Public Service CS Moses Kuria announces government plans to pay all artists through eCitizen after the uproar.
Public Service Cabinet Secretary Moses Kuria has announced plans to start paying artists via Citizen following complaints over royalties received.
In a statement on Sunday, February 11, the outspoken CS indicated that the government has unveiled plans to integrate a system in the eCitizen platform where artists will get a rightful share of their proceeds.
CS Kuria indicated that in the new system, artists will be able to view the money collected versus what is disbursed.
To actualize the plan, Kuria indicated that the government is spearheading the amendments to the Copyright Act.
“The government is spearheading amendments to the Copyright Act to create a government-run Collective Management Organisation. All music, copyrights, and royalties will be paid through E-Citizen,” Kuria stated.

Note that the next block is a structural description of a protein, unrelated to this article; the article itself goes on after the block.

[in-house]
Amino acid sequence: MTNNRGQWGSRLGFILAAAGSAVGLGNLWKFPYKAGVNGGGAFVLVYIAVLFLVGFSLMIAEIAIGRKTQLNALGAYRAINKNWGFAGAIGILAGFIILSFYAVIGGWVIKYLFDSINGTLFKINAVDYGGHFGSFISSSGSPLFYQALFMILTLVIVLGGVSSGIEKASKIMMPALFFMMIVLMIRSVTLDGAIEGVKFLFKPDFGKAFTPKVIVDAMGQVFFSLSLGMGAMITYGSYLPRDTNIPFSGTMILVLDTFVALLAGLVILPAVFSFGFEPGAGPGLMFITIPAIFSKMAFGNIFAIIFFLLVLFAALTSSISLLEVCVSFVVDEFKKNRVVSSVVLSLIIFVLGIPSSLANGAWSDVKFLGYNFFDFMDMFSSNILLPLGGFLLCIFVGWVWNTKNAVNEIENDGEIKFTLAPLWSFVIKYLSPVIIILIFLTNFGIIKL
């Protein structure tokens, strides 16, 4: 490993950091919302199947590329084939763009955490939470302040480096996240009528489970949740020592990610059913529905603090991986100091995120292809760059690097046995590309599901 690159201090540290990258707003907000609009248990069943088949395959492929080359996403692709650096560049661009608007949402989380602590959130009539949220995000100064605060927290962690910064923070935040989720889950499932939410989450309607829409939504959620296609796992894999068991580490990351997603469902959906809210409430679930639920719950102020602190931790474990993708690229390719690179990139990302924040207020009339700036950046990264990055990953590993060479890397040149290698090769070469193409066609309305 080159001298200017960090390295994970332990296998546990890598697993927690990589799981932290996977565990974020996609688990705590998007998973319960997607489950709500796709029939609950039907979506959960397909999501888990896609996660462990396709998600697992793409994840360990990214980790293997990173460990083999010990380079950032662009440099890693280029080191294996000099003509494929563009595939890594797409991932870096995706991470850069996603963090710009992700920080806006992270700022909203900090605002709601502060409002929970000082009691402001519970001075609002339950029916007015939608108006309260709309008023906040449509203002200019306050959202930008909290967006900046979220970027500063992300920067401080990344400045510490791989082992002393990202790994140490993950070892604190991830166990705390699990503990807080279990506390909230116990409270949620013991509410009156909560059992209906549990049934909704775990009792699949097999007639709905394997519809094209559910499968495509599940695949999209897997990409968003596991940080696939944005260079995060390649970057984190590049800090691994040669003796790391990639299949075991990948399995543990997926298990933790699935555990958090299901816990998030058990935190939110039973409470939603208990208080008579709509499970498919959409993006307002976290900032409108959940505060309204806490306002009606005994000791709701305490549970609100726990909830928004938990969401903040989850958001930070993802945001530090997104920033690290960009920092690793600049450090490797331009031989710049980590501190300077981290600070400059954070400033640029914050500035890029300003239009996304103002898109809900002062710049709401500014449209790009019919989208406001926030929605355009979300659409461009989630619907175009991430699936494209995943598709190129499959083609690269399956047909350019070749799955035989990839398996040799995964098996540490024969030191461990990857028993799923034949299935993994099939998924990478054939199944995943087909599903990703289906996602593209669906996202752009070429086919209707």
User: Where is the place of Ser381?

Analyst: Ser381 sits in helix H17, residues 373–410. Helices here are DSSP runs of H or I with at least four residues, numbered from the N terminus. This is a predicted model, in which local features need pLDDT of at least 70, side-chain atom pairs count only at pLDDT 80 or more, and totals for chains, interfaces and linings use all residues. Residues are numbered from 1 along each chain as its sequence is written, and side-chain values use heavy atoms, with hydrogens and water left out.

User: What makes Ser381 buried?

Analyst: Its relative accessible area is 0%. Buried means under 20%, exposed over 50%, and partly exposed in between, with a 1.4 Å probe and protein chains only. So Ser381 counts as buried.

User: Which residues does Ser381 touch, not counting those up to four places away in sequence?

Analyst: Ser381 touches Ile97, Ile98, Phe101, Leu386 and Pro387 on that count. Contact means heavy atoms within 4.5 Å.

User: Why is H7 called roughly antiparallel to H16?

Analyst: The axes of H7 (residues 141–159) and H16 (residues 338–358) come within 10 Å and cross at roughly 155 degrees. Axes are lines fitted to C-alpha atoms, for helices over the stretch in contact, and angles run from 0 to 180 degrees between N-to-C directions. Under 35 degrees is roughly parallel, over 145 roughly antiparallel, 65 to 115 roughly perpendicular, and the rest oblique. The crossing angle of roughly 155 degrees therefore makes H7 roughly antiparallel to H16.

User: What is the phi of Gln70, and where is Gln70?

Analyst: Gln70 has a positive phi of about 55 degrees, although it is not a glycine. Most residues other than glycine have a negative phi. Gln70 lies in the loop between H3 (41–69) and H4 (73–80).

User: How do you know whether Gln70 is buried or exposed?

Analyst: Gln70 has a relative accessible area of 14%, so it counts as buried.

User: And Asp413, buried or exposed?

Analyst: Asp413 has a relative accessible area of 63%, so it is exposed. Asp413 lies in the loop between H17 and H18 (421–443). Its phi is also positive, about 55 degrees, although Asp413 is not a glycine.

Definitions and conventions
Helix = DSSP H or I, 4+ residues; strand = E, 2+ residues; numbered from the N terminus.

“Our artists will be individually registered. They can view online how much money is collected,” he added.
Kuria lauded the move reiterating that it was key to rooting out graft in the disbursement of royalties to artists in the country.
His statement followed a series of complaints raised by artists over receiving pennies despite investing heavily in their projects.
Music Copyright Society of Kenya (MCSK) CEO Ezekiel Mutua recently advised artists to update their catalogs and provide key details to enable proper payments.
Mutua said some artists constantly complain that they have not been paid yet they only submit a handful of songs.
“We need members to update their music catalogs, and provide their KRA PIN, ID, Mpesa numbers, and/or bank accounts.
“You don’t just get royalty payments because you are a musician. You are paid because you are a member and you have updated your records. Some artists do not take their hustle seriously. Someone has over 100 songs out there but they have only submitted one or two,” he said.
Mutua shed light on how the copyright business works and urged musicians to familiarize themselves with intellectual property rights.